Original Edition (2003) + additions (2004-2020) in that order. http://1001films.wikia.com/wiki/The_List
2020 Edition Additions:
Avengers: Endgame (2019)
Portrait of a Lady on Fire (Portrait de la jeune fille en feu) (2019)
For Sama (2019)
Once Upon a Time in Hollywood (2019)
The Farewell (2019)
Little Women (2019)
The Lighthouse (2019)
The Story of Film: An Odyssey, a 15-part series written and directed by award-winning film-maker Mark Cousins, is the story of international cinema told through the history of cinematic innovation.
The series provides a worldwide guided tour of the greatest movies ever made; an epic tale that starts in nickelodeons and ends as a multi-billion-dollar globalised digital industry."
Note: "Motion Capture Mirrors Emotion (2009) dir. Jorge Ribas," a documentary about the making of Avatar, is missing because it does not appear to have an imdb page.
Part of the BFI Screen Guides series, this book provides thoughtful analysis on one hundred European horror films from the silent era to the present day. This list is for those using the BFI publication as a viewing guide.
The 100 best French Films as chosen by The Times(UK), chosen in groups of ten films: Modern Classics, Modern Cults, Dramas, Romances, Thrillers, Comedies, Nouvelle Vague, Landmarks, Shorts, and Icons.
Well over a century has passed since the Lumière brothers frightened the life out of Parisians with The Arrival of a Train at a Station, and well over a million titles have since been recorded - if the Internet Movie Database is anything to go by.
Out of these million-plus movies, our team of experts has picked what we believe is the essential 1,000 - those that best sum up the dazzling achievement and variety of the movies.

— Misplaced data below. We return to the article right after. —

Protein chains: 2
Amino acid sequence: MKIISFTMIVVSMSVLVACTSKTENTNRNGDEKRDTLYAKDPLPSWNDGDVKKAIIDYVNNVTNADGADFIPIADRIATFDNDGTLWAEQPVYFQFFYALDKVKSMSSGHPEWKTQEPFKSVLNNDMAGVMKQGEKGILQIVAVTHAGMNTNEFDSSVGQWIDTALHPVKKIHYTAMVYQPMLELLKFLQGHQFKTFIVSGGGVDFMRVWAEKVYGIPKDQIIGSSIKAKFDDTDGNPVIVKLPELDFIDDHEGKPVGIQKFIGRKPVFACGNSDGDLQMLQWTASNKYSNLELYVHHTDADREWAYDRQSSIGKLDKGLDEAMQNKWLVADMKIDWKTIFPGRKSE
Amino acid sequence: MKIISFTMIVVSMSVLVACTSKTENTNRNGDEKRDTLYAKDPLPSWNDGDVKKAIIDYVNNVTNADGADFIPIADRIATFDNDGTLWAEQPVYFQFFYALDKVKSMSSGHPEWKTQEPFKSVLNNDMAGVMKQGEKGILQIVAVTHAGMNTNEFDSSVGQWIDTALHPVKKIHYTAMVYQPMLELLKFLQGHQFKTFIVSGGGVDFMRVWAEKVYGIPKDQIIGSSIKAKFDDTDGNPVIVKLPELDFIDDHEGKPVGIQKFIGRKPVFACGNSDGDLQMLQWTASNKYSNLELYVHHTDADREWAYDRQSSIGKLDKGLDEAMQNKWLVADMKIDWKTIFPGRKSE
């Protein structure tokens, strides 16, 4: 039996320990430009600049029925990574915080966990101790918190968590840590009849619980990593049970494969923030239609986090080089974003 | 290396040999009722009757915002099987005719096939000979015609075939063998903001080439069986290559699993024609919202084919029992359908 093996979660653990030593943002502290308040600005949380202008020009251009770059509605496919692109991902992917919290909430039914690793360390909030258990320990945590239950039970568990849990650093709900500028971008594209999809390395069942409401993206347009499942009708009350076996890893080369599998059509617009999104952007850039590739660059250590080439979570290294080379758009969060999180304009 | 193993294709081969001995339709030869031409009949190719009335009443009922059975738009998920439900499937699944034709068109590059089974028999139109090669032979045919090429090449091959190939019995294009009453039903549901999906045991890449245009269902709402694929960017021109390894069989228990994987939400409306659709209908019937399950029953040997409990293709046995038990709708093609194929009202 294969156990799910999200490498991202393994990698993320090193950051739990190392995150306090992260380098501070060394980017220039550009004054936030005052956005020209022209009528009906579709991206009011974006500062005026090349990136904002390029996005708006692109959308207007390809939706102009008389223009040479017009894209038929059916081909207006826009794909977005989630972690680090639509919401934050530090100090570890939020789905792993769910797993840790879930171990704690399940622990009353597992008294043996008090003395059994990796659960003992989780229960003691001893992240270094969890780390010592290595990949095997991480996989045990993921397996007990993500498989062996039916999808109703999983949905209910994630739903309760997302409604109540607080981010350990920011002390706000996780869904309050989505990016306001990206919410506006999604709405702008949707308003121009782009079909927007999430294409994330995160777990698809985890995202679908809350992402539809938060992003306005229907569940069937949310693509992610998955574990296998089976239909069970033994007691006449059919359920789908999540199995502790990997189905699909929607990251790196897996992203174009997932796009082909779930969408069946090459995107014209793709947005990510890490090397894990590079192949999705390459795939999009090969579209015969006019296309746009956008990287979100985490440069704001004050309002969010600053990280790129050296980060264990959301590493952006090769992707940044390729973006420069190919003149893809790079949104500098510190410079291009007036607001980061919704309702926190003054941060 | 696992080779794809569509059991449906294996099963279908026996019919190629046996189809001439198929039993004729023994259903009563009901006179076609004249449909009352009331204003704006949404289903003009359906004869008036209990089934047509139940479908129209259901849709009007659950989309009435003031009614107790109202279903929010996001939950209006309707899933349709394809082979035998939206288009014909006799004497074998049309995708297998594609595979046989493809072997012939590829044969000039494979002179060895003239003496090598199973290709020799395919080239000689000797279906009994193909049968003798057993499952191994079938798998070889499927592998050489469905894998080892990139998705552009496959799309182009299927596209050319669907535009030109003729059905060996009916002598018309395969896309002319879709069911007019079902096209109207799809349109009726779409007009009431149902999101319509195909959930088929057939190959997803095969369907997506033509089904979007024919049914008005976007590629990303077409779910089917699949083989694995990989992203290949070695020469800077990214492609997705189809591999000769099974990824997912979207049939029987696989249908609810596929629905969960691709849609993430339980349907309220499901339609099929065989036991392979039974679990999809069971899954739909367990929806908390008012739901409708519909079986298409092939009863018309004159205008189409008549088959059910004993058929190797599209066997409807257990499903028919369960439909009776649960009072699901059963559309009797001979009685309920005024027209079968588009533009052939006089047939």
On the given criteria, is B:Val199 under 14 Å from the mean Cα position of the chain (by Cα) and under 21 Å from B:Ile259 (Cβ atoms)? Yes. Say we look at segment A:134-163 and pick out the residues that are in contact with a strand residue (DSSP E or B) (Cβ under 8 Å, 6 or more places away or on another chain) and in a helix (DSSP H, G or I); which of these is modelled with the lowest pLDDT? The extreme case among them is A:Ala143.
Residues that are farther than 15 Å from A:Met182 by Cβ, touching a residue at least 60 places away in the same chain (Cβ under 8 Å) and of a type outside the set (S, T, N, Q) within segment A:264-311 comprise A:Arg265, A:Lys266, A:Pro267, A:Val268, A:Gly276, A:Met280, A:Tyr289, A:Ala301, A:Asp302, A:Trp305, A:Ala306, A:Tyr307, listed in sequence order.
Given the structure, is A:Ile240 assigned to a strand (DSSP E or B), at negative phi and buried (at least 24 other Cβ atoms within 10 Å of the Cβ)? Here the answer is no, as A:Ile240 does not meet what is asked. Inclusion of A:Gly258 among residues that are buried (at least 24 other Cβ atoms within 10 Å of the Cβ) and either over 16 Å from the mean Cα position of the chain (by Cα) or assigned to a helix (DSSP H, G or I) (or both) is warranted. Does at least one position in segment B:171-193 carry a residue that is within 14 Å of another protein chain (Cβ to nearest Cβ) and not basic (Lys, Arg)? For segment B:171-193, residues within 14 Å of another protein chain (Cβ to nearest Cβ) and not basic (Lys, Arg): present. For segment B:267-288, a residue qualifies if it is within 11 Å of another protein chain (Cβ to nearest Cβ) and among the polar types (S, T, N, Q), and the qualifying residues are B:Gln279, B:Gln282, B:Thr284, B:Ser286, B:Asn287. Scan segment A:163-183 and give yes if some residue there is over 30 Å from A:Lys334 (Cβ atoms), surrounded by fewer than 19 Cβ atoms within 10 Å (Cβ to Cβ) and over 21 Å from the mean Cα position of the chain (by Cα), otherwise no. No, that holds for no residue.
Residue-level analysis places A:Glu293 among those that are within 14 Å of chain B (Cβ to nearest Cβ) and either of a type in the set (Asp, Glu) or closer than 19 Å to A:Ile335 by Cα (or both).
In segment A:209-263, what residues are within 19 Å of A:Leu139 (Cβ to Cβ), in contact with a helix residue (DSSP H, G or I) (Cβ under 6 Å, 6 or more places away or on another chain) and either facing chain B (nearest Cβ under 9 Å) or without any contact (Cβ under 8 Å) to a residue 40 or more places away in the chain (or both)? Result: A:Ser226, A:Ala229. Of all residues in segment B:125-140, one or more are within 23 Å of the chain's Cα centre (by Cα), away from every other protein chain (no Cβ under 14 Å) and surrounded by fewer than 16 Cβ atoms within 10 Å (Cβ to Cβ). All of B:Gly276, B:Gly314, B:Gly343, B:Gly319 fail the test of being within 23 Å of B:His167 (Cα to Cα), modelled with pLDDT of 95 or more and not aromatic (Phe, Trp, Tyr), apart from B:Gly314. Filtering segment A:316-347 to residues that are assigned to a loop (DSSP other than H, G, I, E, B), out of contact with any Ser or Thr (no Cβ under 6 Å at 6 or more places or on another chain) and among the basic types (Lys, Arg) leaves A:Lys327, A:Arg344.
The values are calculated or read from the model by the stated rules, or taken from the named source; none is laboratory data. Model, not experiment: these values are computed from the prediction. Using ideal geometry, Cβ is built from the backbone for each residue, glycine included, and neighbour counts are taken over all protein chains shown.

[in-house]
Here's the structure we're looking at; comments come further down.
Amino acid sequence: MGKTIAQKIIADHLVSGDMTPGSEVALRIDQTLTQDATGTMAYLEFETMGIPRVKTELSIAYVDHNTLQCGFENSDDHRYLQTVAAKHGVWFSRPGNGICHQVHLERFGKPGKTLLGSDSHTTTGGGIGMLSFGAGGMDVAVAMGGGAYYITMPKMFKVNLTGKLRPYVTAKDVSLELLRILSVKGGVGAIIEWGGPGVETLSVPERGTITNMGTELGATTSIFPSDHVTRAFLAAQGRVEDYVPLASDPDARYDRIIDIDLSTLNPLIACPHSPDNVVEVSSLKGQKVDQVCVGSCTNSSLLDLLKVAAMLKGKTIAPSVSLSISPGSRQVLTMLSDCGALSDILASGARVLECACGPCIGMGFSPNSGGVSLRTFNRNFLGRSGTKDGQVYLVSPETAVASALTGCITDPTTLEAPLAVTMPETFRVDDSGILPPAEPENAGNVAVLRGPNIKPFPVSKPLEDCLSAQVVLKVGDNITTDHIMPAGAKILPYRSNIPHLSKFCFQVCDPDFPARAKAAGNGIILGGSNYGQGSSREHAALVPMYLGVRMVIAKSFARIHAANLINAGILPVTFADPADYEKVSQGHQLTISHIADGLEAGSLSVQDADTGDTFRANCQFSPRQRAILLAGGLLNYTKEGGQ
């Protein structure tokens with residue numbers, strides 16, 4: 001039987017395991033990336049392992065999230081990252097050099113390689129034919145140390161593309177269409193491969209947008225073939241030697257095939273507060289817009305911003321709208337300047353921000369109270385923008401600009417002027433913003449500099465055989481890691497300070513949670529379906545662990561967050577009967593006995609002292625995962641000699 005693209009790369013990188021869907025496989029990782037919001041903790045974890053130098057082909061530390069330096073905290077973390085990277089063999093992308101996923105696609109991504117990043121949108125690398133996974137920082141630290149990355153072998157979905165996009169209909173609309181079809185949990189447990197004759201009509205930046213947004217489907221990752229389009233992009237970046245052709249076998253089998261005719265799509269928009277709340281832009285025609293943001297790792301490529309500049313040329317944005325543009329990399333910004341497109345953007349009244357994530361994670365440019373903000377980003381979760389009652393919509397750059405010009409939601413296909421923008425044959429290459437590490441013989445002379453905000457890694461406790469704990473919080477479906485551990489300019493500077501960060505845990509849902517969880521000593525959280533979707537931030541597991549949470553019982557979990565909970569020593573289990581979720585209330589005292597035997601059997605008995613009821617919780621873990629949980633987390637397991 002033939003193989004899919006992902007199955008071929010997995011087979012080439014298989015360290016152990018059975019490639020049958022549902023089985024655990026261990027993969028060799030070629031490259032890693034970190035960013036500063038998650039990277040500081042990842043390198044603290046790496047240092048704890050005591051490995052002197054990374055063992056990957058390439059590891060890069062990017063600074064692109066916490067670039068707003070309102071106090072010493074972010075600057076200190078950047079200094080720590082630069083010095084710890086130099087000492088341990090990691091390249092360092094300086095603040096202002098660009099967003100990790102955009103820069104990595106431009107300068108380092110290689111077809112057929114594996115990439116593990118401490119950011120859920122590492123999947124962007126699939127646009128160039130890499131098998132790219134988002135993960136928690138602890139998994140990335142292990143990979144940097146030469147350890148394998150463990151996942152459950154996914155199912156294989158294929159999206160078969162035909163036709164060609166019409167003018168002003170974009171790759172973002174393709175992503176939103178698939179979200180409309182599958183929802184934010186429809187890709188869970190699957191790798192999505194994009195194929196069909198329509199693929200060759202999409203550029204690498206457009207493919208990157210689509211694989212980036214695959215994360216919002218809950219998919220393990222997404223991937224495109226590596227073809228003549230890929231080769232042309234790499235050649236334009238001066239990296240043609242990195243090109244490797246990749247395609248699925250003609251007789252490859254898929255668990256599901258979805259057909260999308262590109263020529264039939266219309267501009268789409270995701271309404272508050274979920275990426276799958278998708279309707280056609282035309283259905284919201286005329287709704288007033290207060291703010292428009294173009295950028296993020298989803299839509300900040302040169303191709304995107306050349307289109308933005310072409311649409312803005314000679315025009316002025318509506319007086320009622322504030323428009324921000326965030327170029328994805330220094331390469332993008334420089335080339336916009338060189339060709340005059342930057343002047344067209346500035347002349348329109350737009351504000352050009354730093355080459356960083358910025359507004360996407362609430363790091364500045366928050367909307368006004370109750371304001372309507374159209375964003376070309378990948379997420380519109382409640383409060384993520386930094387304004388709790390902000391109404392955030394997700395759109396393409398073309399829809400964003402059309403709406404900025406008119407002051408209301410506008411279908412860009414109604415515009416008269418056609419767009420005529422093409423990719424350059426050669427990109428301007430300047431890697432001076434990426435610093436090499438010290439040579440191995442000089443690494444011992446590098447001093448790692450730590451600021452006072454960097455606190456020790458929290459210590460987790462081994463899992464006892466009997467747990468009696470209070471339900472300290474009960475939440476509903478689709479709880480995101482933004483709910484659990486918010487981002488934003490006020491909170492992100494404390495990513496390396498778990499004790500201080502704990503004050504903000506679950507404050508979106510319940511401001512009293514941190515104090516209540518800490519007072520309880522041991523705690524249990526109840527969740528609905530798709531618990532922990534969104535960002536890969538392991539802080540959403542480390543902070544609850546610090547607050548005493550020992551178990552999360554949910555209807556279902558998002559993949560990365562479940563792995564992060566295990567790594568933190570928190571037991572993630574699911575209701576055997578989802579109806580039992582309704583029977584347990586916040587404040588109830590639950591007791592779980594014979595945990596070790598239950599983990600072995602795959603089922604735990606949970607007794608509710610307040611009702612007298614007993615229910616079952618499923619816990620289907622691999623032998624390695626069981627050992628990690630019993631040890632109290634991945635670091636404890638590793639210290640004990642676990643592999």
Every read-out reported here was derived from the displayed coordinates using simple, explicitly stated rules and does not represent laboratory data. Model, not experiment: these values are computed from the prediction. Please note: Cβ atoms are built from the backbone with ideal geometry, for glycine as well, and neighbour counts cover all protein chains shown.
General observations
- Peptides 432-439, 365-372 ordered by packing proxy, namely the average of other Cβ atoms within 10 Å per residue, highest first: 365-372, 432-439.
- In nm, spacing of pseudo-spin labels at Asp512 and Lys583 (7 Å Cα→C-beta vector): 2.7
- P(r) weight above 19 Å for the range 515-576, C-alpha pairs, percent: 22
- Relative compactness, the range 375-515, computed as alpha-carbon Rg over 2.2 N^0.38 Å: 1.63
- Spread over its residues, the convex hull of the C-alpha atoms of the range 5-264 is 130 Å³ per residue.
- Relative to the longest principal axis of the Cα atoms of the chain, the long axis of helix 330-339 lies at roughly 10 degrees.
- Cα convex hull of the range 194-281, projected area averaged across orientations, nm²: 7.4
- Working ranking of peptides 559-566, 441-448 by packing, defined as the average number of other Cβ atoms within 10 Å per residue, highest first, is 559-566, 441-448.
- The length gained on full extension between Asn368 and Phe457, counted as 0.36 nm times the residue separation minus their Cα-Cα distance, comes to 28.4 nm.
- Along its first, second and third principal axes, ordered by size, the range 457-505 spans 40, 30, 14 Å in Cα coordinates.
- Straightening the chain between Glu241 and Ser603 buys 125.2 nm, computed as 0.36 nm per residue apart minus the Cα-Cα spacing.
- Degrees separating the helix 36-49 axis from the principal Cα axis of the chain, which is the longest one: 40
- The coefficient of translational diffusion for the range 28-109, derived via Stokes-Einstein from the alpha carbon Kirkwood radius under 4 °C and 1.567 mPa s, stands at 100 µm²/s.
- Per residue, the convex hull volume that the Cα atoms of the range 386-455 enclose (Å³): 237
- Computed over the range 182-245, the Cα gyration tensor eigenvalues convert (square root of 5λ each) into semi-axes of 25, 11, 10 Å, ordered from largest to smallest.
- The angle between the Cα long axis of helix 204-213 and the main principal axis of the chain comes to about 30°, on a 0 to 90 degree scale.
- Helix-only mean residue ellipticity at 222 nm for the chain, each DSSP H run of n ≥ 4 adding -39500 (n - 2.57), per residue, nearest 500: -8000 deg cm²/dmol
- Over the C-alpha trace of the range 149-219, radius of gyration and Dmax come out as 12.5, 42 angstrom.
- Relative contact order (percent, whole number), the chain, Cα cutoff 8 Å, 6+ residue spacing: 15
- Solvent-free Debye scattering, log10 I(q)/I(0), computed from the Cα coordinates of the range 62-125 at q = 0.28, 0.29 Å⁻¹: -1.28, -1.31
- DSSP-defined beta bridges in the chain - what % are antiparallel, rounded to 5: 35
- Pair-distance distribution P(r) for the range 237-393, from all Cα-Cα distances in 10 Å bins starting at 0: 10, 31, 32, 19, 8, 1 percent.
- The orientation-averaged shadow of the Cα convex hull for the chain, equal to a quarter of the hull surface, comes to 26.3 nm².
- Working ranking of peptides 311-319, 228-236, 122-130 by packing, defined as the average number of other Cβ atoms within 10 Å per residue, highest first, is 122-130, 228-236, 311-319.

This is a list of the films featured in The Story of Film: An Odyssey series by Mark Cousins.
The films are in order of appearance in the series.
The following are missing (not in Trakt):
The 2013 edition can be found at http://trakt.tv/user/sp1ti/lists/they-shoot-pictures-dont-they-1000-greatest-films-2013.
Welcome to 2012's edition of the 1,000 Greatest Films. This will be the last update prior to the publication of the 'earth-shattering' Sight & Sound poll which will be unfurled later in the year. The Sight & Sound results will no doubt have a major impact on TSPDT's 1,000 Greatest Films listing. It will become the most heavily weighted poll within our calculations. Anyway, that is then, and this is now."
The They Shoot Pictures, Don't They? 1,000 greatest films list is primarily compiled by using over 6000 individual critics' and filmmakers' best-films-of-all-time lists/ballots. The resulting list is very diverse and spans virtually all movie-producing decades and countries.
The so-called golden age of Hollywood begins with advancements in film technology and also marks the creation of the Hay's Code. This was also the period when new genres of film emerged and further diverged into many sub genres. By the 1950s, heavy emphasis on spectacles and big-budget productions was also prominent. The period came to an end as the "New Wave" started.
[This is a series of lists listing films deemed important based on their technical, artistic, historical or cultural significance. This shall also serve as a good resource for film studies however it is extensively based on my own personal preferences.
r/truefilm, IMDb, AFI's top 100, Sight & Sound Critic's Directors' Top 100, and various others.
 Looking at Movies: https://www.amazon.com/Looking-Movies-Fifth-Richard-Barsam/dp/0393600653 and The Movie Book:
 Download Links:Qxr, Sartre, Garshasp for more iconic ones. Yify and others for the rest. (Piracy Is Illegal ffs & I shall not be responsible)
Excerpt From https://www.imdb.com/user/ur73738276/watchlist?sort=release_date%2Casc&view=detail listing films from 1932's **Scarface to 1960's The Naked Island
PS: Trakt has incorrect dates for a great many titles. so use IMDb or wikipedia! This list uses IMDb and 'Rank' is the correct order. ]
Films already watched have been exempted. Imported 192/193